Thank you for sharing these valuable tips in funeral pre-planning. I agree that planning ahead with a reliable funeral firm is a good idea for you to choose the right funeral service among the many Ipswich funeral services available today.

  13. From Jen Pack

    My grandmother is most likely going to pass away within the year, so I think it would be good for us to choose a memorial service to help us plan the funeral before we start grieving from losing her. I like the suggestion you give of asking funeral homes for planning advice. After all, they have done this several times before, so they probably have a good idea of how to make it run smoothly.

  14. From Baxter Abel

    I’ve never heard to not purchase a casket from the funeral home! Thanks for the tip, I’ll be sure to look around more outside the funeral home the next time I need to buy a casket. I also like what you said about using rental items for a funeral, I never thought that was an option.

  15. From Jasper Whiteside

    Renting a casket for a viewing is such a great idea. I would guess that the rented casket would be really nice too. Many of the family and friends might like the chance to say their last goodbyes in person. Even though the deceased cannot reply, they would still get more peace out of it than talking to a jar, I think.

  16. From Frank Delaware

    We recently had a death in our family, and we wanted to make sure that we planned everything accordingly. I really like that you say that you don’t have to buy a casket from the funeral home you are going to choose. Since we don’t want to have to spend too much to get a good casket, we will definitely do a little research and see what we can find.

  17. From Scott

    I had never considered the financial benefit of cremation when it comes to funerals. It makes sense why having the body cremated would mean you didn’t have to pay for the embalming, casket or other things needed for the viewing service. My grandparents are both in their 90’s and may be passing away soon. Before that sad time comes, I’ll have to ask my mom is she has thought about this.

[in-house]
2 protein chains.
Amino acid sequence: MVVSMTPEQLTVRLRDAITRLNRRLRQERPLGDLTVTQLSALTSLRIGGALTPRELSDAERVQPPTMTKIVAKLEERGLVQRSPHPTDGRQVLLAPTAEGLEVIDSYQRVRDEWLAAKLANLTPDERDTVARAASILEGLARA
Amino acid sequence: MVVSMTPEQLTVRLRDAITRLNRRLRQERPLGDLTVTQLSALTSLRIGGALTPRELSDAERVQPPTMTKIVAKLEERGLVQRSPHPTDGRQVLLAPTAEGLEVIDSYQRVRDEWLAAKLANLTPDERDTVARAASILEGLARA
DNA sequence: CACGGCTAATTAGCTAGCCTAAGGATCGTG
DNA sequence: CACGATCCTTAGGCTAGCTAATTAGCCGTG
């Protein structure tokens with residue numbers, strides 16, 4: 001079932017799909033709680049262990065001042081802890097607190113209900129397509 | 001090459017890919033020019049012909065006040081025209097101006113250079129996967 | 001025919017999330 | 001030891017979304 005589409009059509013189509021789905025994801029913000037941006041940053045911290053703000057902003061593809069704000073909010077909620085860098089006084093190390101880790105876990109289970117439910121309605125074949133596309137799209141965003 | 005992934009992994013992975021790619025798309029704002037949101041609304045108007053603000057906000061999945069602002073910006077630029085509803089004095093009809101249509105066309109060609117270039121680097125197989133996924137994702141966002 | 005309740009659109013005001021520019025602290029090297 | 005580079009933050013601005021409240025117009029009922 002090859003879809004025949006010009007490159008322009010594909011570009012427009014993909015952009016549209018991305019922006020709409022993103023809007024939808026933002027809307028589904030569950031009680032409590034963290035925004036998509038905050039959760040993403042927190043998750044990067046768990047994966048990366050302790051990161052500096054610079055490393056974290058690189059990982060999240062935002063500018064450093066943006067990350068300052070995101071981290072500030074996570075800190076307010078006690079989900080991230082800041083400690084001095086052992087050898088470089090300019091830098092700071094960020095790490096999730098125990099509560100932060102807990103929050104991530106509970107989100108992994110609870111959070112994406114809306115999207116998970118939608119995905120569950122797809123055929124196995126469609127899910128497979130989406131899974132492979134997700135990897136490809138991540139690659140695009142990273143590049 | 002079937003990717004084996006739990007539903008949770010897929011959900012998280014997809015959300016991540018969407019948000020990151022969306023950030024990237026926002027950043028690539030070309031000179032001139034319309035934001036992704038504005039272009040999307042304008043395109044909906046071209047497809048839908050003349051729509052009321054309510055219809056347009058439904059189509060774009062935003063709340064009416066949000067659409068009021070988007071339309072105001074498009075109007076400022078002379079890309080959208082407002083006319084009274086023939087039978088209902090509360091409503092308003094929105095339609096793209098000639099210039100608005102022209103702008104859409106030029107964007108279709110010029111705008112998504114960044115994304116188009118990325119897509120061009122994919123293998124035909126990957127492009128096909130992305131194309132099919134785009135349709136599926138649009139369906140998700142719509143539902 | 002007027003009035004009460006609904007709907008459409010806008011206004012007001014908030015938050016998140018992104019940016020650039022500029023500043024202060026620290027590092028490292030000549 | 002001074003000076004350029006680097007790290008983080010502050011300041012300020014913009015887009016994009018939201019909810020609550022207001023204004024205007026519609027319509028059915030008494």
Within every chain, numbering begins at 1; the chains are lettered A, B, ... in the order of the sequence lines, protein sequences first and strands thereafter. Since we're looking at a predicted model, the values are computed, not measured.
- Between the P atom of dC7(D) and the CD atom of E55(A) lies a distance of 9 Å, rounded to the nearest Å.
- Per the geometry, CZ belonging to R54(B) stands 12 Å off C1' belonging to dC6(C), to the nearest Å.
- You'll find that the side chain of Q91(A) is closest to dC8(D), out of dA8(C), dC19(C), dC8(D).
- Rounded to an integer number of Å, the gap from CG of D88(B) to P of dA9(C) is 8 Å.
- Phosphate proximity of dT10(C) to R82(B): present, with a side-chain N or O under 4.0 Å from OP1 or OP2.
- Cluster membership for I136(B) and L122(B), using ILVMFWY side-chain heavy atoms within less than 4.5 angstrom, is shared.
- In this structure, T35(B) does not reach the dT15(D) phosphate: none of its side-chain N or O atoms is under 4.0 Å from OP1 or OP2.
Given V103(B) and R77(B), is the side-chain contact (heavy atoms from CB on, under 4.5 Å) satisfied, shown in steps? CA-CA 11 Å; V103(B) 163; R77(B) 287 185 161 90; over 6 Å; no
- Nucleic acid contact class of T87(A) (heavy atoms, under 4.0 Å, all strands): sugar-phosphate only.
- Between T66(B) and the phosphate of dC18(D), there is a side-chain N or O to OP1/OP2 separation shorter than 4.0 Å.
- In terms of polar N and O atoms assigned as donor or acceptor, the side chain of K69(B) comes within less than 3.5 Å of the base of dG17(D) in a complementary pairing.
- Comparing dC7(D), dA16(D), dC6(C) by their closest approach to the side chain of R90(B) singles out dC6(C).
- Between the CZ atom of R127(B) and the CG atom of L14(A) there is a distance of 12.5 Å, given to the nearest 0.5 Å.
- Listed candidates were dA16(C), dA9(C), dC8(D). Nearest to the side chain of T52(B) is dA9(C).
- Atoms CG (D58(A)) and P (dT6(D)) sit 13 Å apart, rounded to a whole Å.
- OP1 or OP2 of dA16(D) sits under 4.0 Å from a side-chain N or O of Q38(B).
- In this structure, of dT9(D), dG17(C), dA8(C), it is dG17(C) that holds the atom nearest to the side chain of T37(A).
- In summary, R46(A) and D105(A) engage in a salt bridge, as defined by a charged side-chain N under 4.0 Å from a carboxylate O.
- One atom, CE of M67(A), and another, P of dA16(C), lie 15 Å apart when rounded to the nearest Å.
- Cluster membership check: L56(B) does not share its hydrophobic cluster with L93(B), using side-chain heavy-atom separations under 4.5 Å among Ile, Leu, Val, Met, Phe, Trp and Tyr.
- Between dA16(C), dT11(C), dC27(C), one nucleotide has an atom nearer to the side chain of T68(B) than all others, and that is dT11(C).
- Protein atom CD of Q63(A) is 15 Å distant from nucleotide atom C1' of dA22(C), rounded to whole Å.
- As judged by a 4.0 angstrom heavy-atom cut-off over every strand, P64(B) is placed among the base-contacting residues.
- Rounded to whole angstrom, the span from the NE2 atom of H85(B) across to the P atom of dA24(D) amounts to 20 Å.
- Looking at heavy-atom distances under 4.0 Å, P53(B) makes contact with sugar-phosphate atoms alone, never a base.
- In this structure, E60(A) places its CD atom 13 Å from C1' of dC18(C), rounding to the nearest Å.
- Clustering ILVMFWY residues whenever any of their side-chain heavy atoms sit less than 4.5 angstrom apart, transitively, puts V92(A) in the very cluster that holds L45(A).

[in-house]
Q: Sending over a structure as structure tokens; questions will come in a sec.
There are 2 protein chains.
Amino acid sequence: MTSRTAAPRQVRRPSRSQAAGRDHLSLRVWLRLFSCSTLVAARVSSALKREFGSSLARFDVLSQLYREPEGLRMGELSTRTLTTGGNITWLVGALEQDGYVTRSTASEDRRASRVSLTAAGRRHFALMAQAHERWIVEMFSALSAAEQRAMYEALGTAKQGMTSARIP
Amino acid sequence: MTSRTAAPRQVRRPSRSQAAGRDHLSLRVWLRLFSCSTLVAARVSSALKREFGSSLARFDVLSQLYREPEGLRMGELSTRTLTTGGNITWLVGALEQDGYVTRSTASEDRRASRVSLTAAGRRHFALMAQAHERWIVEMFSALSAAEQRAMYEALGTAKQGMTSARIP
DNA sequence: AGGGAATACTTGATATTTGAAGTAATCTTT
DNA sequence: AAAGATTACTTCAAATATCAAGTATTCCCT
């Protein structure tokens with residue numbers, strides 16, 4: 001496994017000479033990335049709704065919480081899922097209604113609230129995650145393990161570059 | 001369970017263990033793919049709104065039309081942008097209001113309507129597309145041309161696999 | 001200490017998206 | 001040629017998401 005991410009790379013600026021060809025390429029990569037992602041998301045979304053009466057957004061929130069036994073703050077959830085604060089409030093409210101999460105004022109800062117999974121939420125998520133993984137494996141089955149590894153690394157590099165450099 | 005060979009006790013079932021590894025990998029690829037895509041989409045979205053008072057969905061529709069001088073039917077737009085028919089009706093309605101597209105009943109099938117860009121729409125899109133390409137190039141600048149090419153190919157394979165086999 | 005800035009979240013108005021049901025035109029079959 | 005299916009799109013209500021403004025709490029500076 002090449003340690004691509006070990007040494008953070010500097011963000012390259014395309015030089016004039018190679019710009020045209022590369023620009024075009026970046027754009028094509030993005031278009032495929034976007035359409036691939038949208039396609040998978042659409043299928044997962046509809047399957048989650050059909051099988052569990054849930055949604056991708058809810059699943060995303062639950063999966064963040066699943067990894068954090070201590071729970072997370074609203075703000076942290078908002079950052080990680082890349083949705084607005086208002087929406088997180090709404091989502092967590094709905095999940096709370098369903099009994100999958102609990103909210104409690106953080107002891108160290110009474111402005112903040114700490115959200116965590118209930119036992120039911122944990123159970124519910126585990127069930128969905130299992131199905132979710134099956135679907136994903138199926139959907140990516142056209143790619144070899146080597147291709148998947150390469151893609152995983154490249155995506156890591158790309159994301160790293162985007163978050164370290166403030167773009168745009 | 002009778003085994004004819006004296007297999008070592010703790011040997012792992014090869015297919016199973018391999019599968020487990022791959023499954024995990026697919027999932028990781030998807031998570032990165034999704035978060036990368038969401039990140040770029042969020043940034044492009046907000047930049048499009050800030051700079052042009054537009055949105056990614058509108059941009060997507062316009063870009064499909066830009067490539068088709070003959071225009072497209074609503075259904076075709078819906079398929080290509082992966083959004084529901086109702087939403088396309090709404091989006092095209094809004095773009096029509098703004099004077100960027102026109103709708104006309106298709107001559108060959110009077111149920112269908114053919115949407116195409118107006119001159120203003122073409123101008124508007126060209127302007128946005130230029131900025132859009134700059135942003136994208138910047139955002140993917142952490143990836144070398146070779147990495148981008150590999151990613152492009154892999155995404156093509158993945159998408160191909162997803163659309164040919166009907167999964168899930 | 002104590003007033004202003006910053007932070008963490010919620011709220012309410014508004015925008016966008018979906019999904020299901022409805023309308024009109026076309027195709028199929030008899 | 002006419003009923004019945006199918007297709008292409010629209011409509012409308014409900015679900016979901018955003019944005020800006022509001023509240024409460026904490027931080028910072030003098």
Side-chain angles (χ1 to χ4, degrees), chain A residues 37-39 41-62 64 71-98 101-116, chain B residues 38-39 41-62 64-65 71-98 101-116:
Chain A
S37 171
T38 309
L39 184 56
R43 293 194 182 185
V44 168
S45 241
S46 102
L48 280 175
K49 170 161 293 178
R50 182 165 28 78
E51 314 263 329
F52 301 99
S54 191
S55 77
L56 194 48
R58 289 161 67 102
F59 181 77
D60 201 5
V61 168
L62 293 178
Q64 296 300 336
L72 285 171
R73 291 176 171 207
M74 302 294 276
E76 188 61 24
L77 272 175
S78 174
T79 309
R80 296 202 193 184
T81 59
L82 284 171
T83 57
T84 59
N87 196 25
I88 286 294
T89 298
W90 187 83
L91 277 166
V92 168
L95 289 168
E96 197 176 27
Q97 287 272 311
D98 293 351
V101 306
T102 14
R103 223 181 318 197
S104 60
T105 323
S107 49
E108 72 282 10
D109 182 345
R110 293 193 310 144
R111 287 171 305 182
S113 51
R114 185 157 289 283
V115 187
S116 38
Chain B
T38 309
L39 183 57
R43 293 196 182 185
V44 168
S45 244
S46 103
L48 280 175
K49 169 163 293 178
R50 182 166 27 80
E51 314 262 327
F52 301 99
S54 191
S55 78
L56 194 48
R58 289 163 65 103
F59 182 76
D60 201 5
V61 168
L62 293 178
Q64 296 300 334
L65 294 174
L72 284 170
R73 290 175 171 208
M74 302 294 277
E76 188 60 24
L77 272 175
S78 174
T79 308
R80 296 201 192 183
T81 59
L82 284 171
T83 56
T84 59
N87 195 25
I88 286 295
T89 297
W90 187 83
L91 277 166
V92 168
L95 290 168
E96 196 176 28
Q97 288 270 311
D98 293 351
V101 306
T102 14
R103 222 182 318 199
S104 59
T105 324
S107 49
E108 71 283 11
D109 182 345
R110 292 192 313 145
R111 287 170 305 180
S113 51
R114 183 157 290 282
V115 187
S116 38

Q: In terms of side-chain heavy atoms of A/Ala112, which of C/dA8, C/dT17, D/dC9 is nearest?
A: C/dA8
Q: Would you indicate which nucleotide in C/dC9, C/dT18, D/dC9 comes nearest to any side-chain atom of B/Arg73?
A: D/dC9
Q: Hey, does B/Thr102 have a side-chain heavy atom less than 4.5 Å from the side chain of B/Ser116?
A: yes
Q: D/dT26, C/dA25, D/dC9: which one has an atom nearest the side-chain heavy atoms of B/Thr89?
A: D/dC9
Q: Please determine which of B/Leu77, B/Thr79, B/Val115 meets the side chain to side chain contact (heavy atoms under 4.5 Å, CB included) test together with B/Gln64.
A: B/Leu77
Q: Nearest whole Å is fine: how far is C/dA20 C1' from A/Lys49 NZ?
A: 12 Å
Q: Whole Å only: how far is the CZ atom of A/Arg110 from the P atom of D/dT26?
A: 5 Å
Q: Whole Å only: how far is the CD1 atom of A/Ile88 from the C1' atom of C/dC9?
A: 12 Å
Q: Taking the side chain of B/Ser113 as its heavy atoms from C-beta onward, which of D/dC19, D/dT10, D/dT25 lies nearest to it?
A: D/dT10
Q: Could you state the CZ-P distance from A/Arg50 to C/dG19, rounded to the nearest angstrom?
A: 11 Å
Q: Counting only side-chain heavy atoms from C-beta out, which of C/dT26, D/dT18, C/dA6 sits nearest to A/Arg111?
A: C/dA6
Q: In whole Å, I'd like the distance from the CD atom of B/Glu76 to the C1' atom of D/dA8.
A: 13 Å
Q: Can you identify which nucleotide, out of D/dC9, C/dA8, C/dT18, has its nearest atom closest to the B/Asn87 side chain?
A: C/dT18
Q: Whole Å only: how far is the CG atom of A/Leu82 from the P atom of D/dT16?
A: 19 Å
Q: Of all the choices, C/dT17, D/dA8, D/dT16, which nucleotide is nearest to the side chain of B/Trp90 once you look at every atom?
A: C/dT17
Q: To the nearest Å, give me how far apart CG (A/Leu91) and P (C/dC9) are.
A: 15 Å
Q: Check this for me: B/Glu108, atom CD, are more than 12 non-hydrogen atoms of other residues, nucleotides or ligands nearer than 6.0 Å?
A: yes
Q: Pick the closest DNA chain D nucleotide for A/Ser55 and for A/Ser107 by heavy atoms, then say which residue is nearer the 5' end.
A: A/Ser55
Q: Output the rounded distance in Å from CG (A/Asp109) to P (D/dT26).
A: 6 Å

18. From Bernard Clyde

    I also think that, like you stated, pre-planning your funeral can be a good idea, although it might feel like a weird experience. There are a lot of stresses that accompany the death of a loved one. Lessening that burden can be a great to help to family members during the grieving stage.

  19. From Derek Mcdoogle

    In your article, you stated that “our pre-planning funeral advice is to plan ahead with a company that’s been around for a while, a company that offers you the ability to pre-plan and choose among several funeral homes in your area.” My best friend’s dad was diagnosed with a terminal disease and someone suggested that they should start preparing for his funeral. I wonder if there are certain services that might not be available when you choose to pre-plan.

  20. From Luke Smith

    Thanks for your advice to look into things like the chain of custody process from death to urn and other protocols that a funeral service typically follows. I would imagine that in the bustle of planning a funeral it could be easy to overlook details if you aren’t familiar with them, so knowing in advance exactly how things are going to happen could save you a lot of stress. I would also think that it would be neat to involve your loved ones in the process of choosing a funeral home or service they like, whenever possible.

  21. From Luke Smith